Women of History: Countess Dorothy von Moltke

December 15, 2021

German translation committee

This photograph of the Committee for the German translation of Science and Health was probably taken at the Hotel Beaconsfield, Brookline, Massachusetts. From left to right (horizontally): Helmut von Moltke, Ulla Shultz (later Oldenbourg), Adam H. Dickey, Renata Hermes (later King), Dorothy von Moltke, Theodore Stanger. c.1910. P07507. Unknown photographer.

Countess Dorothy von Moltke (1884–1935) helped spread word of Christian Science to German-speaking people around the world. She also served on the committee that first translated Science and Health with Key to the Scriptures into German. A South African native, she moved to Germany as a new bride, when the country was on the precipice of decades-long turmoil. Through many trials and challenges, she charged forward, holding her family and their estate together with a grace born of experience, personal character, family support, and reliance on Christian Science.

The only child of Sir James Rose Innes and Jessie Dods Pringle Innes, she was born in South Africa in 1884. Both her parents came from families that had settled early in the country. Her father, who served in South Africa as attorney general and later as chief justice, was an early advocate for Black rights in the country. Her mother was an early champion of women’s rights.1

Although the three formed a tight family unit, that connection was tested when Dorothy’s mother took her to Europe in 1902. While in Germany she met Count Helmuth von Moltke,2 and they married in 1905.3 They had five children: Helmuth James (1907–1945)4; Joachim (Jowo) Wolfgang (1909–2002); Wilhelm (Willo) Viggo (1911–1987); Carl Bernd (1913–1941); and Asta Maria (1915–1993). The couple taught Christian Science to the children, but did not force them to practice it, letting them choose their own path.5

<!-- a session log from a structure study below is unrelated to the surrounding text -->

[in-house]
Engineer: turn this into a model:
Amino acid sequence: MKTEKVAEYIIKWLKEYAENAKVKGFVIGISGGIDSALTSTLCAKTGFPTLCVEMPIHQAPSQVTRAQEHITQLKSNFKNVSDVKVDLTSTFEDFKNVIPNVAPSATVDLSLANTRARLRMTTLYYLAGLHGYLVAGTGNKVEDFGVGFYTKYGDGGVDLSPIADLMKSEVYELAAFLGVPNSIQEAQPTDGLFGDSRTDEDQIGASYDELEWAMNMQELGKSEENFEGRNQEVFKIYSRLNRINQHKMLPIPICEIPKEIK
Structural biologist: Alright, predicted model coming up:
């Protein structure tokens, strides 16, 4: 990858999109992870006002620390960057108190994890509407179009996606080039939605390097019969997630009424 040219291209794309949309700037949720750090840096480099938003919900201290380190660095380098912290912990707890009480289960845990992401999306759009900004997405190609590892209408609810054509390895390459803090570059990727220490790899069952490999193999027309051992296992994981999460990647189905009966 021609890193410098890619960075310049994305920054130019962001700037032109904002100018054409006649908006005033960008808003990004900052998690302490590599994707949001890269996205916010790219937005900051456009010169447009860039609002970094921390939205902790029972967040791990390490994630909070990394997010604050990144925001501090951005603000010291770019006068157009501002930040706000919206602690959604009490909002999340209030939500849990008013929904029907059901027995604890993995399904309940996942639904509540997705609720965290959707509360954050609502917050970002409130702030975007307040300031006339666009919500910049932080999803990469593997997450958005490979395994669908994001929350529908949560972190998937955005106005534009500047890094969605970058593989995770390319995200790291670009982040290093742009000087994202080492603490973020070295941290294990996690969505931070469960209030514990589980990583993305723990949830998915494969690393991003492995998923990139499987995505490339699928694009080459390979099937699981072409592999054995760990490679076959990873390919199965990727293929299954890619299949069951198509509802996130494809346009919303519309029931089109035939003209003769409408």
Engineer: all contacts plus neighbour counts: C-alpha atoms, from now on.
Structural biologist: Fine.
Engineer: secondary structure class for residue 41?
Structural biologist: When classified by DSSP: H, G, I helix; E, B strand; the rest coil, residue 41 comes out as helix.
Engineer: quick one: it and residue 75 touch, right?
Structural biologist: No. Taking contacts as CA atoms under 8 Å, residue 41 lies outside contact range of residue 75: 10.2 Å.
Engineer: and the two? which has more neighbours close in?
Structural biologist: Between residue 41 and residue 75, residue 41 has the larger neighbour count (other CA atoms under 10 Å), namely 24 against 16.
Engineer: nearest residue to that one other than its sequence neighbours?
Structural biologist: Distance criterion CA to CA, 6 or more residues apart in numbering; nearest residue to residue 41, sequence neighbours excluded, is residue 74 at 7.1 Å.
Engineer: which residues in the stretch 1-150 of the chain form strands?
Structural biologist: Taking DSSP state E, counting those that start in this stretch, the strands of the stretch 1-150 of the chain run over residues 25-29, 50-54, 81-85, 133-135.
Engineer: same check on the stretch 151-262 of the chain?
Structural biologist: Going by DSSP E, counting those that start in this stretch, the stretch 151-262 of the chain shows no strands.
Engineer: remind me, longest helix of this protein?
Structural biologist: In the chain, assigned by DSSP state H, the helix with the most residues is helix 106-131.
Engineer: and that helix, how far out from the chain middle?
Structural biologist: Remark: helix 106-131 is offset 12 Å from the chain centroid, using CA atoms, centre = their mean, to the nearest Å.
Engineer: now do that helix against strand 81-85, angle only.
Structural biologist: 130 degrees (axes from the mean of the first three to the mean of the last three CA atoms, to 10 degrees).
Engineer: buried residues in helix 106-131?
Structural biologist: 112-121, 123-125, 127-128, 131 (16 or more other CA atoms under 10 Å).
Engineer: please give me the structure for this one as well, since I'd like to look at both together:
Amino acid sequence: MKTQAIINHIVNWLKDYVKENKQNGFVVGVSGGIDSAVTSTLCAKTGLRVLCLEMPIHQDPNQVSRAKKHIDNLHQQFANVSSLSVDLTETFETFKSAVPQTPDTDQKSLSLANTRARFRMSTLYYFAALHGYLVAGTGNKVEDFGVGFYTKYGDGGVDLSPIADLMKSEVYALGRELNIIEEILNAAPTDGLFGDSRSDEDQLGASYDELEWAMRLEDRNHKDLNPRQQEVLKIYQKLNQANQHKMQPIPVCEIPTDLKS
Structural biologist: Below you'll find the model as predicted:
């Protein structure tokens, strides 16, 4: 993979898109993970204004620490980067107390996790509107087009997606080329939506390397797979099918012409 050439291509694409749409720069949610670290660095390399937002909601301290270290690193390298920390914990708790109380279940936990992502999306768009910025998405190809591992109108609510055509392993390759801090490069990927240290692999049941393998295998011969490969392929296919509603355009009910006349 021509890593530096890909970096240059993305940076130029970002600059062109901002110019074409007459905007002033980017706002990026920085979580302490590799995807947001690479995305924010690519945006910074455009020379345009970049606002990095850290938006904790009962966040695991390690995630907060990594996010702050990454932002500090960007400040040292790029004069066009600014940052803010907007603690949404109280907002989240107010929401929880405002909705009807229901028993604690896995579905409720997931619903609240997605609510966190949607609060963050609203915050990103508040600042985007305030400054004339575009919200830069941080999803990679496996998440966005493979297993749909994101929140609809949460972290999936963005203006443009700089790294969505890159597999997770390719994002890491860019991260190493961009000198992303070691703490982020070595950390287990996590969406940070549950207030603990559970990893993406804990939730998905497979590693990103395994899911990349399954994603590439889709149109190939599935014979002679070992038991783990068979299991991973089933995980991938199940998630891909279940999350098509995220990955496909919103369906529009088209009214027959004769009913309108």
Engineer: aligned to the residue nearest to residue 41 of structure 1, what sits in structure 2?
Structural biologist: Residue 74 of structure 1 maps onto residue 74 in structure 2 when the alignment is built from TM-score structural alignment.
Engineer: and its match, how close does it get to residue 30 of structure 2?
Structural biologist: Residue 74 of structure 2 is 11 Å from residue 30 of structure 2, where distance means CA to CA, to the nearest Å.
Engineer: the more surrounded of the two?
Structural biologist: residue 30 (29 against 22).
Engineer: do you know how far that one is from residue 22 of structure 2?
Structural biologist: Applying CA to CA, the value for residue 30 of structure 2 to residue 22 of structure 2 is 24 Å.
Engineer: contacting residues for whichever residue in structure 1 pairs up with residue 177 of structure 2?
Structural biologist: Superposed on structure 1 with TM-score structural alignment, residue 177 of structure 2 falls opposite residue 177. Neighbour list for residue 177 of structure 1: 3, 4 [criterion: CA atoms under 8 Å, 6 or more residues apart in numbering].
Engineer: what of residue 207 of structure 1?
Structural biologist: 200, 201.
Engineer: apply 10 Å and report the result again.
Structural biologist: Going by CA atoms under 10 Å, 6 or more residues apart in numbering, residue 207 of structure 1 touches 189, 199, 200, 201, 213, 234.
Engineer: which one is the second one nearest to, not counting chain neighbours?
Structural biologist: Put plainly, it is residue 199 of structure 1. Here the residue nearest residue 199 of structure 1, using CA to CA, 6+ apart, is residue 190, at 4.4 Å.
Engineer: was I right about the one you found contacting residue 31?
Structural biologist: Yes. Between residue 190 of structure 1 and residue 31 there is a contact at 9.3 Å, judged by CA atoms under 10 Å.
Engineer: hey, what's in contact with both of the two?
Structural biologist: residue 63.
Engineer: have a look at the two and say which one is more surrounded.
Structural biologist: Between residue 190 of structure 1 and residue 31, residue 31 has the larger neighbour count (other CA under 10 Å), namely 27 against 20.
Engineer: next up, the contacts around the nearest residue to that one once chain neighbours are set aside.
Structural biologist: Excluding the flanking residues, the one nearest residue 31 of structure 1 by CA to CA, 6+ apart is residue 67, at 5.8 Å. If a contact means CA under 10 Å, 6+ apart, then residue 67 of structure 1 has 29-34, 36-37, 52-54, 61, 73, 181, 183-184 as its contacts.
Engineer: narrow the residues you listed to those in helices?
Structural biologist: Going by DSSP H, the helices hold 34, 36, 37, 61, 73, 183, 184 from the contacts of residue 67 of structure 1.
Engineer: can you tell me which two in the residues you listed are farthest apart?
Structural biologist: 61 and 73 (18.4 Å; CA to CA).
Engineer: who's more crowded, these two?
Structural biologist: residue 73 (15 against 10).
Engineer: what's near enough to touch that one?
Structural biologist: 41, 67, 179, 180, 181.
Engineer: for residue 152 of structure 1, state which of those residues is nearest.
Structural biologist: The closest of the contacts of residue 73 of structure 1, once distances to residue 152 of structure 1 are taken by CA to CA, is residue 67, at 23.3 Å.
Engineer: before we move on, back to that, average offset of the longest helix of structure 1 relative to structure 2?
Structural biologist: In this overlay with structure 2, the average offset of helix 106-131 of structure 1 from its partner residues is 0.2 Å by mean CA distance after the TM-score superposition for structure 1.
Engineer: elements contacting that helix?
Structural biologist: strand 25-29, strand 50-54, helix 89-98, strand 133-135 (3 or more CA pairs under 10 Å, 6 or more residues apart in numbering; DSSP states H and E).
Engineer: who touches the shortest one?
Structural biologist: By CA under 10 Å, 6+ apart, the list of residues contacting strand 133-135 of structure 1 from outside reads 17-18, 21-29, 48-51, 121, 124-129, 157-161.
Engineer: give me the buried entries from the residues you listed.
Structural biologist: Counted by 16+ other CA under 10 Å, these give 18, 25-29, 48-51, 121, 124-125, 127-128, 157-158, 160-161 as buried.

Through marriage, Dorothy became not only a countess but also lady of “Kreisau,” the house on the von Moltke estate in German Silesia (now Poland). Filling this role was a large task, but she succeeded, even during the financial and political turmoil of World War I and Hitler’s rise to power.6 She entertained guests such as the socialist writer Olive Schreiner (1855–1920) and dined with Prussian royalty.7 Over the years, Germany’s instability hit the von Moltke estate hard, and Dorothy employed her own budget-balancing skills, as well as financial help from her parents, to keep the estate from ruin, as indicated in this letter to her father:

Thank you so much for the Draft, dear Daddy; I have managed rather better this half year and have in consequence saved about £10. Then from 1st June Helmuth has of his own accord given me £10 a month for my daily expenses when I am not with him etc. As however I can get on quite well without it, I mean to put it all in the savings bank, so as to have a fund for emergencies.8